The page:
Minister for Small and Family Business, Michaelia Cash has asked the Australian Small Business and Family Enterprise Ombudsman (ASBFEO), Kate Carnell AO, to look into the Australian Tax Office’s (ATO) practices in pursuing early recovery of tax debts from small businesses who are in dispute with the ATO.
“Early recovery can be devastating for a small business, and is particularly damaging when the small business disputes the recovery and then goes on to win the case.”
“I am determined to make sure the Australian Tax Office treats small business fairly,” said Minister Cash.
Minister Cash has requested the Ombudsman to look into the extent of the problem and its impact on small businesses. The focus will be on historical cases and will not include live cases currently before the Administrative Appeals Tribunal (AAT).
“I want to ensure that the Australian tax system is fair for small business. By having ASBFEO conduct this research, it will be able to gather a holistic picture of how current systems impact people running small business,” Minister Cash said.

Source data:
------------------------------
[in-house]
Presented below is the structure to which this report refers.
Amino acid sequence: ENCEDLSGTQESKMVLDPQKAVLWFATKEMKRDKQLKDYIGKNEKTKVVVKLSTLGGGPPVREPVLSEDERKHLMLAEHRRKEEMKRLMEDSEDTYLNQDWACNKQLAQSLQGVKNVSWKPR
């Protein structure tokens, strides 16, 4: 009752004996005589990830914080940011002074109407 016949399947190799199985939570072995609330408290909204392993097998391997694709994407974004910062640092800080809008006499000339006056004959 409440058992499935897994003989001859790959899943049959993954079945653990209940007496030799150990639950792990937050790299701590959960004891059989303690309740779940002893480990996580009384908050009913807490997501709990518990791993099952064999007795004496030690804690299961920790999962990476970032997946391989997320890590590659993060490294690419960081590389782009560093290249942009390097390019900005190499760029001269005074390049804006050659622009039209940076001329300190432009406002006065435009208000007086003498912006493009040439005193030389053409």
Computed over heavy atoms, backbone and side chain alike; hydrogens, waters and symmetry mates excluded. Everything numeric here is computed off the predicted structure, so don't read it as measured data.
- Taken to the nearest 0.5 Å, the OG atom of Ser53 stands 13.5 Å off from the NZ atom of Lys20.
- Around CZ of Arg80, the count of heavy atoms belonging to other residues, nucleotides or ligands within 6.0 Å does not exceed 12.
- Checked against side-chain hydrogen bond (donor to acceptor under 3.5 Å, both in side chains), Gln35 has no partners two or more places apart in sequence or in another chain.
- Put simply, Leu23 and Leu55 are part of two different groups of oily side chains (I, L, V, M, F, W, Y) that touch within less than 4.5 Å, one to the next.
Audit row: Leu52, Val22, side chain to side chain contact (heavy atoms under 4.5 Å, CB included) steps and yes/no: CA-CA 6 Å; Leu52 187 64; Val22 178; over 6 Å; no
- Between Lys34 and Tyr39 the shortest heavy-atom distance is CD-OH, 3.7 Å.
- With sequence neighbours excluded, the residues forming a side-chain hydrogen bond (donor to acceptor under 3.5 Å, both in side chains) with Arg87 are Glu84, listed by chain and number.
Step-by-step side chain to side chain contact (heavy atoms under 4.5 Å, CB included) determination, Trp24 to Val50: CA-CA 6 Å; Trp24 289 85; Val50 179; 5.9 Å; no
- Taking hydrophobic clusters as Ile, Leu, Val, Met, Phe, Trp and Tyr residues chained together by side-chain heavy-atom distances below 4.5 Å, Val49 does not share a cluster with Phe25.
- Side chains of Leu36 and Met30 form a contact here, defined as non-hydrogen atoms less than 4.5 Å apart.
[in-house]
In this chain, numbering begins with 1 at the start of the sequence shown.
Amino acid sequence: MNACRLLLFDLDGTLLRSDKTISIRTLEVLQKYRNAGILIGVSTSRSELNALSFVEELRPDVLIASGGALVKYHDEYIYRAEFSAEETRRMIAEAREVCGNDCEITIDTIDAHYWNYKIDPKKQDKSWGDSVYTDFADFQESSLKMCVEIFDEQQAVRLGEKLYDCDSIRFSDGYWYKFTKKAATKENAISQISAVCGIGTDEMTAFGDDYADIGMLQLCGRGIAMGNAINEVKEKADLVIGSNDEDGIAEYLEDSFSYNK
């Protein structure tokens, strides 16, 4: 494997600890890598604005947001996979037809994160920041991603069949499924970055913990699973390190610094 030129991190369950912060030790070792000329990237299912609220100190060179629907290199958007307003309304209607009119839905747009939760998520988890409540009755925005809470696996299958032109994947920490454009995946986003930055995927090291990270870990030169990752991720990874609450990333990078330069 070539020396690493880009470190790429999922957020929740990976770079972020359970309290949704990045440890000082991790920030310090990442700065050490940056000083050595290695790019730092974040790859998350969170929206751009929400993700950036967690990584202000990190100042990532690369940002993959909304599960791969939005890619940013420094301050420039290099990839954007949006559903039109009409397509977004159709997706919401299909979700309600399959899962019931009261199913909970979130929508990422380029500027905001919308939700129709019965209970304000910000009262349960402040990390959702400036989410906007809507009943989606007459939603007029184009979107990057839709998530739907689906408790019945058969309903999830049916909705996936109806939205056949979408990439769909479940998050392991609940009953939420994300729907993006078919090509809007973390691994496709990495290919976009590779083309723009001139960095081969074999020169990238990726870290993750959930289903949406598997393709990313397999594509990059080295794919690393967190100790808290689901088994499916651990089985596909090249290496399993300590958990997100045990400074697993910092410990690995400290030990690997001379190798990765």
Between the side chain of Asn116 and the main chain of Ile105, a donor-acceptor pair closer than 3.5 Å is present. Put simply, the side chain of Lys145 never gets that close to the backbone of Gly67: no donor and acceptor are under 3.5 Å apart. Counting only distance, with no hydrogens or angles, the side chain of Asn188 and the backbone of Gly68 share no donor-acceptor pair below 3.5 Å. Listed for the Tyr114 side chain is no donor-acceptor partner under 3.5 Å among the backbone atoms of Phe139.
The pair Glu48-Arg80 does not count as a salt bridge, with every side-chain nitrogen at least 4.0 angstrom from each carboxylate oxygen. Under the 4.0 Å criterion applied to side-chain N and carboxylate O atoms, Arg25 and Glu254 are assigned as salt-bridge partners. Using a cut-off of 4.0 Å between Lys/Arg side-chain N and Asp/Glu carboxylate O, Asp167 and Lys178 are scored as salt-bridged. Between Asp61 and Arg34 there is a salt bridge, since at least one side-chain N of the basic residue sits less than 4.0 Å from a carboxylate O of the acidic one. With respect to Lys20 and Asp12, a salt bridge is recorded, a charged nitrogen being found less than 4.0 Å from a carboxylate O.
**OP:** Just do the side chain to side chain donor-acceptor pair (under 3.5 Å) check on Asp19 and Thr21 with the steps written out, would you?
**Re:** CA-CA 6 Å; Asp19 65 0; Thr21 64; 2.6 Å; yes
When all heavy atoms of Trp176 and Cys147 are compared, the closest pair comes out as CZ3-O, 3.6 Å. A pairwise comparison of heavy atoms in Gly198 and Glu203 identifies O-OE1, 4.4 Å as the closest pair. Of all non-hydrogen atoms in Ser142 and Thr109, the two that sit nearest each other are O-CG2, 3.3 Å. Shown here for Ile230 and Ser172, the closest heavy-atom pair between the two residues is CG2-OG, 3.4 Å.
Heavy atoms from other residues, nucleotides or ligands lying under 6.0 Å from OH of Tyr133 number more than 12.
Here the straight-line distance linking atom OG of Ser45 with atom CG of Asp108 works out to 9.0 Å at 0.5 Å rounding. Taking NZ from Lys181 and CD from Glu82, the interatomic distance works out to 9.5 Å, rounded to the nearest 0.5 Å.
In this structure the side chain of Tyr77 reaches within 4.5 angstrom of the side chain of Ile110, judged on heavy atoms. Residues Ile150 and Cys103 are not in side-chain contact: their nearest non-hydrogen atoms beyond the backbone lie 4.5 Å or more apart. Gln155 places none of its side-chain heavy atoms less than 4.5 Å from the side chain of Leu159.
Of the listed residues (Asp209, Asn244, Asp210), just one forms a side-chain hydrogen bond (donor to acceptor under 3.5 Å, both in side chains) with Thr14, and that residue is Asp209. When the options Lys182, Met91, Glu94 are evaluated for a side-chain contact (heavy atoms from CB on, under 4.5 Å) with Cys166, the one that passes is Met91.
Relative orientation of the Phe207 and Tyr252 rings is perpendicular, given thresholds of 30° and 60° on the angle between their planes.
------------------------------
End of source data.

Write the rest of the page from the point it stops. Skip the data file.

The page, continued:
“Although I understand that the ATO will not enforce recovery of the tax debt other than in exceptional circumstances, there may be cases where the errors have occurred, and this has substantial consequences for these businesses, which needs to be avoided.”
Assistant Treasurer Stuart Robert said only the Morrison Government can ensure small businesses grow and prosper.
“We are helping small business with incentives to invest,” Minister Robert said.
“We won’t remove tax deductibility for getting advice about tax compliance, but Labor will.”
The Australian Government recently announced new measures to help level the playing field between small businesses and the ATO, creating a new Small Business Tax Disputes division within the AAT. The new measures include a telephone concierge service operated by ASBFEO and free legal advice for cases which proceed to tribunal.